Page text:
Unfortunately, not everyone has access to grocery stores that offer healthful foods, or are close to home, nor do they have the time or financial resources to purchase and prepare these items, as well as access to affordable healthcare. When we consider health enhancement for all within the HAES framework, supporting health policies that “improve and equalize access to information and services” is an essential consideration (Association of Size Diversity and Health, 2021).

Principle 3: Respectful Care

The HAES principle of respectful care focuses on ending weight discrimination, stigma and bias. Weight stigmatization is both a social injustice and public health issue that negatively impacts disproportionately, individuals in larger bodies. The negative impact of weight stigmatization includes increased cortisol levels (increases heart rate and blood pressure), oxidative stress levels (inflammation), eating disturbances, depression and anxiety, C- reactive protein levels (inflammation), diabetes risk, body image dissatisfaction and lower self-esteem (Wu & Berry, 2017; Tomiyama et al, 2018).

Drake and Ogletree added to this list of negative consequences related to weight bias which include increased risk for disordered eating, body dissatisfaction, fewer education or employment opportunities, lower pay, lower quality of healthcare, increased stress, and decreased quality of life (Drake, & Ogletree, 2018). Wow, right!? Because of this, acknowledging our biases, as well as ending weight discrimination, can increase the respectful care people receive, especially for those that are impacted by weight stigma (Association of Size Diversity and Health, 2021).

Principle 4: Eating for Wellbeing

Since we’ve covered the principle of eating for wellbeing in the June issue, we won’t go into too many particulars. But essentially, by eating intuitively and “promoting flexible, individualized eating based on hunger, satiety, nutritional needs and pleasure, rather than any externally regulated eating plan,” individuals can focus on wellbeing and health, rather than weight control (Association of Size Diversity and Health, 2021). Following the intuitive eating principles can promote eating for one’s wellbeing versus using food to manipulate body size and weight.

Principle 5: Life Enhancing Movement

Did you know that the phrase physical activity has a different meaning compared to exercise? Physical activity is any movement of skeletal muscles that requires energy. Another word for this is “movement”. Exercise, on the other hand, is considered planned, repetitive and intended to improve physical fitness with the typical inference of manipulating body weight. So, what’s the bottom line? Joyful movement encourages us to partake in pleasurable activities which ultimately leads to sustainable health outcomes. What joyful movements do you like to partake in? Dance parties in the kitchen? Taking a walk in nature or playing soccer with friends? No matter what you enjoy, joyful movement is just that…something you enjoy doing!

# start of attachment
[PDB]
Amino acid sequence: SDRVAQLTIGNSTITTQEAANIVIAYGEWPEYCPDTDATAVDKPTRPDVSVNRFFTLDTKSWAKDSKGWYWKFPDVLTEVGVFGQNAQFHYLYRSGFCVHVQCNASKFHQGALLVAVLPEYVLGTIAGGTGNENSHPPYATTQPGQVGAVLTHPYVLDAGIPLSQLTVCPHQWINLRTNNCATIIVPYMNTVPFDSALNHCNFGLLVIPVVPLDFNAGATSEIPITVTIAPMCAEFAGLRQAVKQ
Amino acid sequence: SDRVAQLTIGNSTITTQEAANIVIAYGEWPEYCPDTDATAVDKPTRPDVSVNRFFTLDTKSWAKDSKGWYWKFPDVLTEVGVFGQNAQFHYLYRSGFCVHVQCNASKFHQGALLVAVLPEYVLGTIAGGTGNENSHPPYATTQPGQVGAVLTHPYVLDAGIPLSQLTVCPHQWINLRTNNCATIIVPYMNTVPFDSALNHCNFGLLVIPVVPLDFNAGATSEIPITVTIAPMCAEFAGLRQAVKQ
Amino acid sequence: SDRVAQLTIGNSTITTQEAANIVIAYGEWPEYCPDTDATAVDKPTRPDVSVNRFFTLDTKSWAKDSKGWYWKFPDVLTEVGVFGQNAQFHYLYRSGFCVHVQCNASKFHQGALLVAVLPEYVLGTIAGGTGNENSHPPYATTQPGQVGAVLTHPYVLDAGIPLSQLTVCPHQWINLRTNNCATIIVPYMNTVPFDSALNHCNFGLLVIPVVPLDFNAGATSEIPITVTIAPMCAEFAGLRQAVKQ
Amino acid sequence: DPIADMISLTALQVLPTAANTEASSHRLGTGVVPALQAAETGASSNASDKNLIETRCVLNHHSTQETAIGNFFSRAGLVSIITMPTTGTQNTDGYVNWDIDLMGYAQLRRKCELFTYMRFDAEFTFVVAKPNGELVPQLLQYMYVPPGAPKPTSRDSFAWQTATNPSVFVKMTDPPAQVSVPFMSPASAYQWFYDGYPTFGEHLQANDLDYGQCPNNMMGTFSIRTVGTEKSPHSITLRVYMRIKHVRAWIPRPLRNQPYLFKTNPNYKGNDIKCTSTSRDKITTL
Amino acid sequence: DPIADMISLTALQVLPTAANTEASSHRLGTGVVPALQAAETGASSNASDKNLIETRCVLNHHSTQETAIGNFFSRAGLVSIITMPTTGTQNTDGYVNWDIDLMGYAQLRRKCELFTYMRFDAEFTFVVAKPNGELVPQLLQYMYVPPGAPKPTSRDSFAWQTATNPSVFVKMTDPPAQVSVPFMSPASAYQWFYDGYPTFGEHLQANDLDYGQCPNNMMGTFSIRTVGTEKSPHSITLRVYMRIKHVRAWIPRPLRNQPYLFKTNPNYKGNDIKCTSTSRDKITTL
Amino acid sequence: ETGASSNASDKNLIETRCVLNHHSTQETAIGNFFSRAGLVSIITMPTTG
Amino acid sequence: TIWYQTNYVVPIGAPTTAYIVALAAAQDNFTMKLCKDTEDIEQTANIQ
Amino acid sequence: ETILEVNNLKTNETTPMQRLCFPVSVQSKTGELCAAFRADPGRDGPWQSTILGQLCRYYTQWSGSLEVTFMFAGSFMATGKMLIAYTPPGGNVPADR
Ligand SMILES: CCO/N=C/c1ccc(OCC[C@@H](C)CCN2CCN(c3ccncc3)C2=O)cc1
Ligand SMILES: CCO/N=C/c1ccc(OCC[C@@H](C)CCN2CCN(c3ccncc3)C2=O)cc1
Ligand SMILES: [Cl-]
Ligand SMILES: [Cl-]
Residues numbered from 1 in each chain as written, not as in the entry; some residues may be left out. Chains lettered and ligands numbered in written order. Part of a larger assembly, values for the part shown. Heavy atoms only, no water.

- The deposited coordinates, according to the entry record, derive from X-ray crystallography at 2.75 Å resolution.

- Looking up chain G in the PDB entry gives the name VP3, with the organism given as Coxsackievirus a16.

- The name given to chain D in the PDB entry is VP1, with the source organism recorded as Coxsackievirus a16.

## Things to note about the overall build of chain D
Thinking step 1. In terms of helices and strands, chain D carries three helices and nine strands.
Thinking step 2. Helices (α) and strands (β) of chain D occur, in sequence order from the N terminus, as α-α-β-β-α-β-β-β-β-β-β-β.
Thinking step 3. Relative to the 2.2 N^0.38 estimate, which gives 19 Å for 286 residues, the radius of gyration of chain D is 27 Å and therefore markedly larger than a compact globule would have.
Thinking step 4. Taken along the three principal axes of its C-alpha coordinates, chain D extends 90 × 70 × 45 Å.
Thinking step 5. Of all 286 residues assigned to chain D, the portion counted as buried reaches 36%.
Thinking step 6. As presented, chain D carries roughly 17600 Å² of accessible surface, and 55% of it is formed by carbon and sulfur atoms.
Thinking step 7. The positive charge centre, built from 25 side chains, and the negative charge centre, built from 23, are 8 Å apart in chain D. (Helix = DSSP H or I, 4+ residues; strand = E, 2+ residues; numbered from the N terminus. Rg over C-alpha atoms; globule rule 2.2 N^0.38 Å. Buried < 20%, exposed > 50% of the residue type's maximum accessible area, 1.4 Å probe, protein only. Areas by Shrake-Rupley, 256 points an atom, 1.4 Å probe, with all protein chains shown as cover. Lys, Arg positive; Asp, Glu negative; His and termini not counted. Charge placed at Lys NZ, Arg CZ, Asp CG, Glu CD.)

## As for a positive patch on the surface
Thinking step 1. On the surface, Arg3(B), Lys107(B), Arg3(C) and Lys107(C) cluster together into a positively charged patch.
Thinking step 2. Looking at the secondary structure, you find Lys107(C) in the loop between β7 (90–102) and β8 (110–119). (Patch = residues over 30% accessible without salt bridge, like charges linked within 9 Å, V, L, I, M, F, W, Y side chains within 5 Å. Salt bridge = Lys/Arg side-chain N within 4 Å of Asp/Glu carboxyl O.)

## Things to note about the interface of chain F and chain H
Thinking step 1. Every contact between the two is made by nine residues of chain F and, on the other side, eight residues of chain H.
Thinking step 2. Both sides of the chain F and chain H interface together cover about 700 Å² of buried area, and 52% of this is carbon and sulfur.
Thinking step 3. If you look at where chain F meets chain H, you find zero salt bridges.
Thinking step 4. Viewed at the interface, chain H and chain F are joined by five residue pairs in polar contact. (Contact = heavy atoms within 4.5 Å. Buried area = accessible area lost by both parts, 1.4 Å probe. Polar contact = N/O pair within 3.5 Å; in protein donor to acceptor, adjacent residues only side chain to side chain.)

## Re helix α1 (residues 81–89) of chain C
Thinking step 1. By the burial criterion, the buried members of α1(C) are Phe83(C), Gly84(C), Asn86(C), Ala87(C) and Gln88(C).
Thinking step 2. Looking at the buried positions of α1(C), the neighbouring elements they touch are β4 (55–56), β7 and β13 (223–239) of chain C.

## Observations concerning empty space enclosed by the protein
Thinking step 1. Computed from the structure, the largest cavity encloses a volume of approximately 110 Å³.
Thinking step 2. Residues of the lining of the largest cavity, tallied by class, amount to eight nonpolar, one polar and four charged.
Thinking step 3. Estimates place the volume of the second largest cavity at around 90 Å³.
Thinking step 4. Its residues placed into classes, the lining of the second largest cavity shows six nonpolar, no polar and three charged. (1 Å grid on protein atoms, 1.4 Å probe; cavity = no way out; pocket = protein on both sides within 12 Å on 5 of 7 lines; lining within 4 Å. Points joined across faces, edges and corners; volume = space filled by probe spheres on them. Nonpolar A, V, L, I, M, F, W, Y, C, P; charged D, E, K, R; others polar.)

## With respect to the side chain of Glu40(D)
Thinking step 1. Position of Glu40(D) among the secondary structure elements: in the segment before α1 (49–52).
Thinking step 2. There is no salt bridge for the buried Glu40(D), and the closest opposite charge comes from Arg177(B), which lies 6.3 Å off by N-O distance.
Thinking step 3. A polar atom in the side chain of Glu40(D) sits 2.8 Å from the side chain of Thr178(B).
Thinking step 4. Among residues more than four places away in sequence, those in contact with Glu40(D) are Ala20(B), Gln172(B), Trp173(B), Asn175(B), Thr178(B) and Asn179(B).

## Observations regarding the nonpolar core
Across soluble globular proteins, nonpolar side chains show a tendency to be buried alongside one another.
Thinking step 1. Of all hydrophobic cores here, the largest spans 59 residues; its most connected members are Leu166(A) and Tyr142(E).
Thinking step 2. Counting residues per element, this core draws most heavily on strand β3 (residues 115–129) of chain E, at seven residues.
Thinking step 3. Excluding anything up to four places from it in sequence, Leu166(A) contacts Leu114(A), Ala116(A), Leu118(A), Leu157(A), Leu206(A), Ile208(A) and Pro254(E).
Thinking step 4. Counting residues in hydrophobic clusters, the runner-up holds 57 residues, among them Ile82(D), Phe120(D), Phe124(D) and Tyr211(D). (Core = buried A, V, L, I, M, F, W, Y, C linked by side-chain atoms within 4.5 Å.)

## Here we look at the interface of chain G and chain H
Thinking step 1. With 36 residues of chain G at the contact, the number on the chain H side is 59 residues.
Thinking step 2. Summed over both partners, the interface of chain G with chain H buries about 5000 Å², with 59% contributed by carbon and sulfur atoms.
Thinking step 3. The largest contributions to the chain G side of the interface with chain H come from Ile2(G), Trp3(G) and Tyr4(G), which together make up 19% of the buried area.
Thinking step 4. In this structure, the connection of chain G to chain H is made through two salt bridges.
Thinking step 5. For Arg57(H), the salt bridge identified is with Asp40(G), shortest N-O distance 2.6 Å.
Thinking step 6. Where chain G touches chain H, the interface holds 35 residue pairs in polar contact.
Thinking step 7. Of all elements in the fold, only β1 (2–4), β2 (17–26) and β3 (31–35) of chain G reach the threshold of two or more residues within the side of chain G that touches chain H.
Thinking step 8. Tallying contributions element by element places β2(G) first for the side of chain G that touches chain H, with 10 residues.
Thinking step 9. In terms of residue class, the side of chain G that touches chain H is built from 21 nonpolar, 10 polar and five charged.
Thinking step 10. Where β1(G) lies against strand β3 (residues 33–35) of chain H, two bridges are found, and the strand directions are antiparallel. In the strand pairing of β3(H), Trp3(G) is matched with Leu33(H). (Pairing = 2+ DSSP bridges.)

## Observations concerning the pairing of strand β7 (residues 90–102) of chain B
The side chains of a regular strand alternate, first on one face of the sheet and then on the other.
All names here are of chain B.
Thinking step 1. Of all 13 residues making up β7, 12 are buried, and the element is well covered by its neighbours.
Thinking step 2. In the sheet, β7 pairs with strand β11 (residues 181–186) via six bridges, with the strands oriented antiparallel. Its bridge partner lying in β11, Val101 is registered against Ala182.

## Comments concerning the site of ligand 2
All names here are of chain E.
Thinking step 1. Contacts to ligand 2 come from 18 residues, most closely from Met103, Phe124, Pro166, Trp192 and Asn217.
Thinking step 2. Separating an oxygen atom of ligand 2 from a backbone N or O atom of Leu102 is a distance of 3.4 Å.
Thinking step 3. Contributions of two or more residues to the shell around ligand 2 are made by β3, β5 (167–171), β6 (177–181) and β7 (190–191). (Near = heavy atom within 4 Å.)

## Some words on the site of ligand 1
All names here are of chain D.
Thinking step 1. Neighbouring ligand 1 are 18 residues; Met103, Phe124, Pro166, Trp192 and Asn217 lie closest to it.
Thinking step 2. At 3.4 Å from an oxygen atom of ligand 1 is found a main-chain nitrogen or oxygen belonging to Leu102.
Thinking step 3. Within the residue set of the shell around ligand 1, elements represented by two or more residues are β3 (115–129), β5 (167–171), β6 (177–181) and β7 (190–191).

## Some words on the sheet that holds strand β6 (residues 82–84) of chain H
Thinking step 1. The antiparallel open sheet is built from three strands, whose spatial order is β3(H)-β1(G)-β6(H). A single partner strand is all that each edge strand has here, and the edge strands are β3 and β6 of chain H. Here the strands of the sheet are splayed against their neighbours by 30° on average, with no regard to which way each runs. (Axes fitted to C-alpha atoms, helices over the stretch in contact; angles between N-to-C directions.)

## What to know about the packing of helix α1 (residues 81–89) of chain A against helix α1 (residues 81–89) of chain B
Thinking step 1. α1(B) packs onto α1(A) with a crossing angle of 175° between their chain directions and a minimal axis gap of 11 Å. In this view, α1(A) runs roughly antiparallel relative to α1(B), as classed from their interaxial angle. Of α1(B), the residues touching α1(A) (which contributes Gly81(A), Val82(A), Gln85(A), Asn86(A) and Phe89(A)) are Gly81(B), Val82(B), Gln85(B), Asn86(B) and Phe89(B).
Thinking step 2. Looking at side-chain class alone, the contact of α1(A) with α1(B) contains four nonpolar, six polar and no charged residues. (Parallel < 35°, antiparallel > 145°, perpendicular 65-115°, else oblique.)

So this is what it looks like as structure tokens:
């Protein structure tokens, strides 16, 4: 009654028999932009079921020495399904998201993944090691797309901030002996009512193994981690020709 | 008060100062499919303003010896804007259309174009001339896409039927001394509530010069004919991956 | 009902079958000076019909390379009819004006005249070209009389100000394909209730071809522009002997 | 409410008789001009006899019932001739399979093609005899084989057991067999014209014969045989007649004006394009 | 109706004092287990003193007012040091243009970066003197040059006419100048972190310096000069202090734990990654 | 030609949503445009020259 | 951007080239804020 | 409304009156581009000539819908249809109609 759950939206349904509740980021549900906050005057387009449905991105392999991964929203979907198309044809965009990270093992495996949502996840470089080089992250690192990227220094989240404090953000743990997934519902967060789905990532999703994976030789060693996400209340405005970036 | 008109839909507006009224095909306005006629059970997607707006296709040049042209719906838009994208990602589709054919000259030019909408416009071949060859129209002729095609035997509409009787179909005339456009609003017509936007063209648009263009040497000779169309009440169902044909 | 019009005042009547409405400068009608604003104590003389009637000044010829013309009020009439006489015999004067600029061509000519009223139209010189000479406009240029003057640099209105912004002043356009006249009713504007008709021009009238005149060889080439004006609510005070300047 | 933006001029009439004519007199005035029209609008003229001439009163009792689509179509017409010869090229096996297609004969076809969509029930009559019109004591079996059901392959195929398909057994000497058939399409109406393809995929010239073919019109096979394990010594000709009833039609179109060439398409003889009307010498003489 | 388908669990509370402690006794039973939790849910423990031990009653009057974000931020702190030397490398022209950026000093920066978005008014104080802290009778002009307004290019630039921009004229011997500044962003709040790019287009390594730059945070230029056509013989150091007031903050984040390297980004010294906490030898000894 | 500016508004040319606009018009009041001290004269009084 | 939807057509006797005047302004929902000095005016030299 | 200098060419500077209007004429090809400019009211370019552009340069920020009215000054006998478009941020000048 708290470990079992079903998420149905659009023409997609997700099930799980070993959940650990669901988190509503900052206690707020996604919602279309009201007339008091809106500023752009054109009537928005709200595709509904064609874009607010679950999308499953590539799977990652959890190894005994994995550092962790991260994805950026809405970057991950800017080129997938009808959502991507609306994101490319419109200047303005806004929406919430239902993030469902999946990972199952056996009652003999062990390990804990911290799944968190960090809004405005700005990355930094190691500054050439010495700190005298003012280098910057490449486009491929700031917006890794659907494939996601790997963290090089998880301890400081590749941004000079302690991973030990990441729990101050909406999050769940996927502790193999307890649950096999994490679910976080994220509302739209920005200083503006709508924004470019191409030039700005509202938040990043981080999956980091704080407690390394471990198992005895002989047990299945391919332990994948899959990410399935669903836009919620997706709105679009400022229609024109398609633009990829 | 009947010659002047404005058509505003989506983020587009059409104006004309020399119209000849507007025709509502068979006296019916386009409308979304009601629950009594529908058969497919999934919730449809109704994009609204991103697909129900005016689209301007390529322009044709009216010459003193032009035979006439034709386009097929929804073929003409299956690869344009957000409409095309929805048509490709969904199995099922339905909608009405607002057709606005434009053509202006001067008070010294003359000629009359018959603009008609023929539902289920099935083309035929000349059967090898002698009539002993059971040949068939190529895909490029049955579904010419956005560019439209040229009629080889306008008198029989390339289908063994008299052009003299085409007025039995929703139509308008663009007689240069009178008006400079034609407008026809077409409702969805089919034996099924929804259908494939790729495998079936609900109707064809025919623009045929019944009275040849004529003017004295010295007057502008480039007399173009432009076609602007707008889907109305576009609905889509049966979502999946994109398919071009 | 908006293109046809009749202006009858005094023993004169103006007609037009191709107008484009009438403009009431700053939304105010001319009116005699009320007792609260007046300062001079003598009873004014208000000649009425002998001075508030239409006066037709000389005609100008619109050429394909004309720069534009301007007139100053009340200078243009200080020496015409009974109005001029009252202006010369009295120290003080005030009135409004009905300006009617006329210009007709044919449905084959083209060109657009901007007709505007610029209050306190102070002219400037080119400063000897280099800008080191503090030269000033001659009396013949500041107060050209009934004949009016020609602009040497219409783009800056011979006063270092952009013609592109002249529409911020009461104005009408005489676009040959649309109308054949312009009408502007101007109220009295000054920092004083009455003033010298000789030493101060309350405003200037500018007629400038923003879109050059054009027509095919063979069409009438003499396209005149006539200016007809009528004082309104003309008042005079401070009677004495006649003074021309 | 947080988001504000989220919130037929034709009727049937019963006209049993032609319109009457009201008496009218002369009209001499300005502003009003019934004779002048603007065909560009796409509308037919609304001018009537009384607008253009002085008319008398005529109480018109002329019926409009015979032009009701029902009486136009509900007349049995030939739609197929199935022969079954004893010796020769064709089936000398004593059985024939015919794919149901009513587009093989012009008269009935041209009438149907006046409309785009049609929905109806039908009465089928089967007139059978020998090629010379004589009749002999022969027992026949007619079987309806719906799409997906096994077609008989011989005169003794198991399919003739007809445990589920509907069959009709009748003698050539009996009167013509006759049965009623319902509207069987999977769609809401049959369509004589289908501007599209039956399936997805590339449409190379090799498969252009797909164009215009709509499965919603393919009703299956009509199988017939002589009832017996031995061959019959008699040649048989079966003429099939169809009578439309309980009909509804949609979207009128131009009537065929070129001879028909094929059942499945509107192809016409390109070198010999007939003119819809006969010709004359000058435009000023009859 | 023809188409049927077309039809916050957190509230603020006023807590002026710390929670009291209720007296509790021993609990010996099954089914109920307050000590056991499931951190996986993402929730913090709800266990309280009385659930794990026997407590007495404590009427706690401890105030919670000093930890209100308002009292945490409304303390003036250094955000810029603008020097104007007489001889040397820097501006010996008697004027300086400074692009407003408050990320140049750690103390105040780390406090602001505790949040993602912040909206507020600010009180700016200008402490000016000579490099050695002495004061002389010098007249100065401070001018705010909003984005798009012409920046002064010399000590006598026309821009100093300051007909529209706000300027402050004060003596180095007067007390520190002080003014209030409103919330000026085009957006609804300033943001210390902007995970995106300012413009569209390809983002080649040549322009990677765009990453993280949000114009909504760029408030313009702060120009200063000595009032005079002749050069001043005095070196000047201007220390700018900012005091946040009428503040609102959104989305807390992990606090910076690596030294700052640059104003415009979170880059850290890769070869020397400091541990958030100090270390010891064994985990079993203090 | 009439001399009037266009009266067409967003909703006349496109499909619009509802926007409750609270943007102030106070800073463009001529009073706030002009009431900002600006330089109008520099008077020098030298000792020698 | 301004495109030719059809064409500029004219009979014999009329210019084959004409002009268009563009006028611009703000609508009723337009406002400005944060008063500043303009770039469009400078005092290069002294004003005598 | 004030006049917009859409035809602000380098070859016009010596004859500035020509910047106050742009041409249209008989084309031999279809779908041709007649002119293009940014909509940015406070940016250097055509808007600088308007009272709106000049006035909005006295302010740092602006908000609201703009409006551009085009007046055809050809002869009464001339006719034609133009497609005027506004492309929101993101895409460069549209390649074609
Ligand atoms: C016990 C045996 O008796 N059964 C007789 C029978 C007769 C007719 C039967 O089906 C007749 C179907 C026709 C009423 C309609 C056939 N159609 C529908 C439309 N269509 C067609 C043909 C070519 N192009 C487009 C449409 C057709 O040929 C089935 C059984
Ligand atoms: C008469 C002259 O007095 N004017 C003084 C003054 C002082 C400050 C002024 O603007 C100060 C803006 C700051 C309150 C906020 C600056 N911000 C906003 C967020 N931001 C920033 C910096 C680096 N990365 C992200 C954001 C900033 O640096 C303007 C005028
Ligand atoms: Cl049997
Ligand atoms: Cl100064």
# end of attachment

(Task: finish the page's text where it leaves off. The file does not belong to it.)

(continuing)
Well, there you have it folks! Our first week of school is underway, and while I am sure it is filled with getting used to new classes, catching up with friends and so much more, I hope you find some yummy foods and joyful movement in your day. Until next time!

References:

  1. Association of Size Diversity and Health. (2021). HAES principles. https://www.sizediversityandhealth.org/ content.asp?id=152.
  2. Drake, T., & Ogletree, R. J. (2018). Development of the health and weight attitudes scale. Journal of Nutrition Education and Behavior, 50(5), 506–510.
  3. Matheson, E.M., King, D.E., & Everett, C.J. (2012). Healthy lifestyle habits and mortality in overweight and obese individuals. J Am Board Fam Med, 25(1):9-15.
  4. Tylka, T. L., Annunziato, R. A., Burgard, D., Daníelsdóttir, S., Shuman, E., Davis, C., & Calogero, R. M. (2014). The weight-inclusive versus weight-normative approach to health: evaluating the evidence for prioritizing well-being over weight loss. Journal of Obesity, 983495.
  5. Tomiyama et al. (2018). How & why weight stigma… harms health. BMC Medicine, 16:123.
  6. Tylka, T., Piran, N., LaMarre, A., & Daníelsdóttir, S. (2019-03). Health at Every Size: A Social Justice–Informed Approach to Positive Embodiment. In Handbook of Positive Body Image and Embodiment: Constructs, Protective Factors, and Interventions. New York, NY: Oxford University Press.
  7. Wu & Berry (2017). Impact of weight stigma on physiological & psychological health outcomes… A systematic review. J Adv Nurs. 1-13.